The International Conference on Information Communication Technologies in Education (ICICTE) was held in Corfu 9-11 July and focused on the changing nature of higher education and the implications of this for students and staff. I was half expecting a ‘techie’ based conference but found presentations and workshops embedded in pedagogical frameworks and my paper on the design of learning for distance delivery was well aligned with the conference keynote and themes. The challenge of blogging a conference is to be succinct so here is my blog summary.
- the changing nature of the student – student as ‘consumer’ with increasing numbers entering H.E. students are the new drivers for change
- the changing role of staff from deliverers of ‘knowledge’ to guides for internet browsing and inquiry based learning
- the changing nature of the H.E. institution as validator and mediator of knowledge rather than the gate-keeper
- the ‘commodification’ of H.E. as academic capital; ivory towers changing into golden arches as university’s become service industries/providers
- international vision of senior management that ICT is a cost effective solution for delivering H.E. to a widening participation audience
- increased demand for H.E. is happening alongside mass reduction in funding
- costs associated with ICT are higher in terms of finance and resources than traditional face to face delivery but senior management still see ICT as quick fix solution.
- increased use of ICT raises digital literacy and digital competency issues for both students and staff
- changing location of knowledge – no longer esoteric and behind campus doors but increasingly freely available – raises issues of management of mass electronic library resources and critical digital literacy abilities
- Shift happens – higher education is changing and its future is online – the tide of education technology is unstoppable.
- Bridges must be built between the technology and pedagogy if traditional H.E. qualities of critical thinking by independent self-aware individuals is not to be lost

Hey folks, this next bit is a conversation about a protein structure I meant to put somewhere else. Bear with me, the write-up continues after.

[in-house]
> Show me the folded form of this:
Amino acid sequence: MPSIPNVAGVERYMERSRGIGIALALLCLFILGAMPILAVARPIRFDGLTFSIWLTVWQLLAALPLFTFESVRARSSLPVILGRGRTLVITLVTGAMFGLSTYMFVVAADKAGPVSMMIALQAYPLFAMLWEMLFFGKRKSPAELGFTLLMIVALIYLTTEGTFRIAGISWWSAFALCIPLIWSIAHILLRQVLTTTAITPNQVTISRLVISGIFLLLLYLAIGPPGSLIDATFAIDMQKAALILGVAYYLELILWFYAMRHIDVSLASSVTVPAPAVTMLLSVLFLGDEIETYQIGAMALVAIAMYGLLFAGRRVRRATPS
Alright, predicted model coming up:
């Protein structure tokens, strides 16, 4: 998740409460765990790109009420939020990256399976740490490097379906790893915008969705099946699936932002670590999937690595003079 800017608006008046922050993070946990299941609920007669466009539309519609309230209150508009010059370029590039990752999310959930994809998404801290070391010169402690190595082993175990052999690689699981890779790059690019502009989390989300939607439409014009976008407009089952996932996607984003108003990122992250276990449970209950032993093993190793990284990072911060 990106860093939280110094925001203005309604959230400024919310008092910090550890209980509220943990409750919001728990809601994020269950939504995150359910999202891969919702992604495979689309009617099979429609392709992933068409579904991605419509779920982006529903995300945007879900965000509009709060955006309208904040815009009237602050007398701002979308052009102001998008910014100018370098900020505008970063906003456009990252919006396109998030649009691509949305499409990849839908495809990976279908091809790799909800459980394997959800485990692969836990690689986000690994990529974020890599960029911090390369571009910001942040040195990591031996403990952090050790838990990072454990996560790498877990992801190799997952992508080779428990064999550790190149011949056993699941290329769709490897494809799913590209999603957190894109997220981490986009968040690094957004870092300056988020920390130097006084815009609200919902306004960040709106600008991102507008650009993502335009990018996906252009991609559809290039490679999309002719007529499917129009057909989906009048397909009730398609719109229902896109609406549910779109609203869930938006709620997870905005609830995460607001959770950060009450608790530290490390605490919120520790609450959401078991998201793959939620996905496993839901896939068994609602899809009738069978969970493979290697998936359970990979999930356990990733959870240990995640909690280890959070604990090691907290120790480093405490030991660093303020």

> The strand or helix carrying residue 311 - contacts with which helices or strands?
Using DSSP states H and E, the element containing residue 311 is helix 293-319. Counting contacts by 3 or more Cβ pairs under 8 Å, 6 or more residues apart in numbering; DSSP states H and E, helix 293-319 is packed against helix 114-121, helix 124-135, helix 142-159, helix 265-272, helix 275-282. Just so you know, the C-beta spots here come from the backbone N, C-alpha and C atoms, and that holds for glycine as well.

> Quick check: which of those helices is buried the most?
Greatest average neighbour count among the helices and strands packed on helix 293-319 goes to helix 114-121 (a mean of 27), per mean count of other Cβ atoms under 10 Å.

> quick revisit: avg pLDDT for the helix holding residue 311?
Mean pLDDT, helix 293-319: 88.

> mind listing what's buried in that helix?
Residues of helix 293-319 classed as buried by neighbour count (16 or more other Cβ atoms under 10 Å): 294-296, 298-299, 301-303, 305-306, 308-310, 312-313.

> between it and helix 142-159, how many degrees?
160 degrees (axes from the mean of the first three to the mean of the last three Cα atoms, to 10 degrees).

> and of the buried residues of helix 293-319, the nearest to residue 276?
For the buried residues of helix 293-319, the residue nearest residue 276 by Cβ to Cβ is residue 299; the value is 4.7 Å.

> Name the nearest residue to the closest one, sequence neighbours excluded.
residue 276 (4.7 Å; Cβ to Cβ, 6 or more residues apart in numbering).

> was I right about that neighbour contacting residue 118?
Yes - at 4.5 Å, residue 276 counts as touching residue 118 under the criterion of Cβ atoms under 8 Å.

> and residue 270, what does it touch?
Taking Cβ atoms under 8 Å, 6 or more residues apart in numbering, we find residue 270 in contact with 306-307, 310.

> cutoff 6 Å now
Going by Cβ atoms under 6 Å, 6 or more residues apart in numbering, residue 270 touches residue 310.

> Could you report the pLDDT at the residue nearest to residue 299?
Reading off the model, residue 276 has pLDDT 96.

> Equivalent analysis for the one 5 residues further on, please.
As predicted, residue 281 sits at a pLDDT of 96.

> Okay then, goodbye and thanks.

- The role of students in providing support digital confidence and competence should not be underestimated
- Staff have to engage with virtual learning – CPD through PDP could provide initial steps if senior management recognise the need for strategic direction
- Higher Education will continue to be an exciting, rewarding environment in which to work
I’ve come away with my head spinning as usual with the wider international picture; networking with educators from different countries reinforces how the UK is seen as exemplifying all that is relevant and important about higher education.
I’ve gained increased awareness of the potential role of eportfolios and the importance of digital identity for everyone and personally I like the idea of a virtual one-stop-shop, that can say more about you than a CV ever can. The question is one of choice – WordPress, FaceBook, Mahara – realistically one area is enough to maintain –which one you choose is becoming the question – not whether or not you do it in the first place. Like it or not, online identity is fast becoming non-negotiable.
The conference website is here and the organisers have a produced a CD-ROM containing all the peer reviewed presentation papers; light, portable, saves trees and is transferable from one environment to another – the future is indeed online!